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Goodies Galore: Here's How to Cajole Roland Burris Into Voting for the Heath Care Bill

03/18/2010 05:12 am ET | Updated May 25, 2011

For a short time last January, it appeared that the Illinois legislature, the state's new governor, Pat Quinn, and the Democrats in the U.S. Senate might actually do the right thing and deny our local laughingstock, Roland Burris, the Senate seat formerly held by President Barack Obama. No such luck. By February Burris was in his seat with plans to stay, and I offered the new president some advice on how to dislodge Burris while placating him and his supporters.

At the time, President Obama seemed to be misstepping on finding a secretary of commerce -- his first two choices, New Mexico Governor Bill Richardson and New Hampshire Senator Judd Gregg, withdrew before they could be confirmed.

I joked, sort of, in a post in late February, that the new president should offer that cabinet post to Burris

But no, Obama ignored me, Burris managed to hang on, and now it looks like the lame-duck senator -- he recognized that there was no way he could win in 2010 so he announced he'd retire -- may have the last laugh.

He has announced that he will not vote for the president's health care bill unless there is a public option. He's been the invisible senator -- except when news of the continuing Ethics Committee investigation crops up -- until now. He's a key part of a story in Wednesday's Wall Street Journal, identifying the six senators who must be kept in the fold if the president is to get his health care plan. (In the print edition, his photo helps illustrates the story.)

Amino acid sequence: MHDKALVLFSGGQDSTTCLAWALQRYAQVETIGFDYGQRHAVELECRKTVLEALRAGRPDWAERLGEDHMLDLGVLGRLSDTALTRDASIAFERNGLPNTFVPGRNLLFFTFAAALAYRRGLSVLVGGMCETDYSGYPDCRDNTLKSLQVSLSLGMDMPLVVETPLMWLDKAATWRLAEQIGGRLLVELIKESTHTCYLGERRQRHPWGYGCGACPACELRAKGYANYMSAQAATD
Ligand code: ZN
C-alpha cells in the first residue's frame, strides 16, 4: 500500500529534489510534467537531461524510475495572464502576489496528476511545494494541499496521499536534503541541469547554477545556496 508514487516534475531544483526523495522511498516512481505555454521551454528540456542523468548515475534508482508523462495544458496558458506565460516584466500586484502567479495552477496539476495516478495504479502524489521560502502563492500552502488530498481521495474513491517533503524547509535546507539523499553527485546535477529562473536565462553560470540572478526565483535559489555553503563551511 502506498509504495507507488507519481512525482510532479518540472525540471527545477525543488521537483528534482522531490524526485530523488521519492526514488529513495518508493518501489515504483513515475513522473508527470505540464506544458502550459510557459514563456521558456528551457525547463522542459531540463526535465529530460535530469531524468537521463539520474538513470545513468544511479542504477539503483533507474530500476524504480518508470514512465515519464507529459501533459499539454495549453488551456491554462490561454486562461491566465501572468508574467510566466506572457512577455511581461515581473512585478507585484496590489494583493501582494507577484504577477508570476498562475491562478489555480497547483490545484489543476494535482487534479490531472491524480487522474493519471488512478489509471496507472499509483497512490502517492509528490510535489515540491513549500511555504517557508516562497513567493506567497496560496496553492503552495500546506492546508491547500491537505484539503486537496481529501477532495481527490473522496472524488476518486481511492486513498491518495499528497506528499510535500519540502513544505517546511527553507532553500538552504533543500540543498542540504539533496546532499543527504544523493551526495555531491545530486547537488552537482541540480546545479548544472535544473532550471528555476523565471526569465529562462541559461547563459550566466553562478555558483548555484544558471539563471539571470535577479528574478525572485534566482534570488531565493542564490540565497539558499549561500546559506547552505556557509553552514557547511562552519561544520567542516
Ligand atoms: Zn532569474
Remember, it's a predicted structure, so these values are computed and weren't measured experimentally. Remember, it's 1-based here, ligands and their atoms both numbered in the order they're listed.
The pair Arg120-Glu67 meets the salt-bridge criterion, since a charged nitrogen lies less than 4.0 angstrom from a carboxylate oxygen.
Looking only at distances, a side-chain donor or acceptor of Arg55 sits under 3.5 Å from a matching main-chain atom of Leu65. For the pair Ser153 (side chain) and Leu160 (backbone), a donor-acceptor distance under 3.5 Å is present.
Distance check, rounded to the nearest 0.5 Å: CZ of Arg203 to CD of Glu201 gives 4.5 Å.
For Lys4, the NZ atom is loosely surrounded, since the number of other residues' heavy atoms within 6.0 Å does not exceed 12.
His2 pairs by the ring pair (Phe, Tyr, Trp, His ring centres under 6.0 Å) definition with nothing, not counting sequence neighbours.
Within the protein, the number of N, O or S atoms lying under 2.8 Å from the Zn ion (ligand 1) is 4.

So, here's another stab at a solution. Behind closed doors, Burris must be offered something in exchange for voting for the bill, which will almost certainly not contain a public option. Here's some possibilities:

--A cabinet position -- there must be someone who could be launched for the good of national health care.

--Help in paying his huge legal bills resulting from his fight for that Senate seat

--Help in neutralizing the Ethics Committee, which is still deliberating Burris' case in the wake of the release of tapes of a conversation between Burris and former Gov. Rod Blagojevich's brother Rob, in which Burris seems to be offering to write a check to the now indicted/impeached Blago in exchange for the seat. See my previous post.

--An ambassadorship. Obama, to the disappointment of career Foreign Service officers, has been no better than his predecessors in resisting the tradition of appointing fundraisers and friends instead of professionals. Burris was not a bundler for Obama, so he doesn't qualify on that count, but the health care bill is awfully important.

--The Nobel Peace Prize. Someone needs to get in touch with the Norwegians who selected President Obama last week and see if, to keep the peace in Washington, they might whisper in Burris's ear that they'll see what they can do about getting the junior senator nominated in Feb. 2010. Whether he wins or not, he can still have "Nominated for the 2010 Nobel Peace Prize" carved on his much-ridiculed tombstone that carries the title "Trailblazer" and leaves space for other accolades.

--President of the County Board -- maybe the Daleys can help.

--Mayor of Chicago?

--Governor of Illinois?

--So many cool potential openings and opportunities.

I'm out of ideas -- so please respond if you have any others.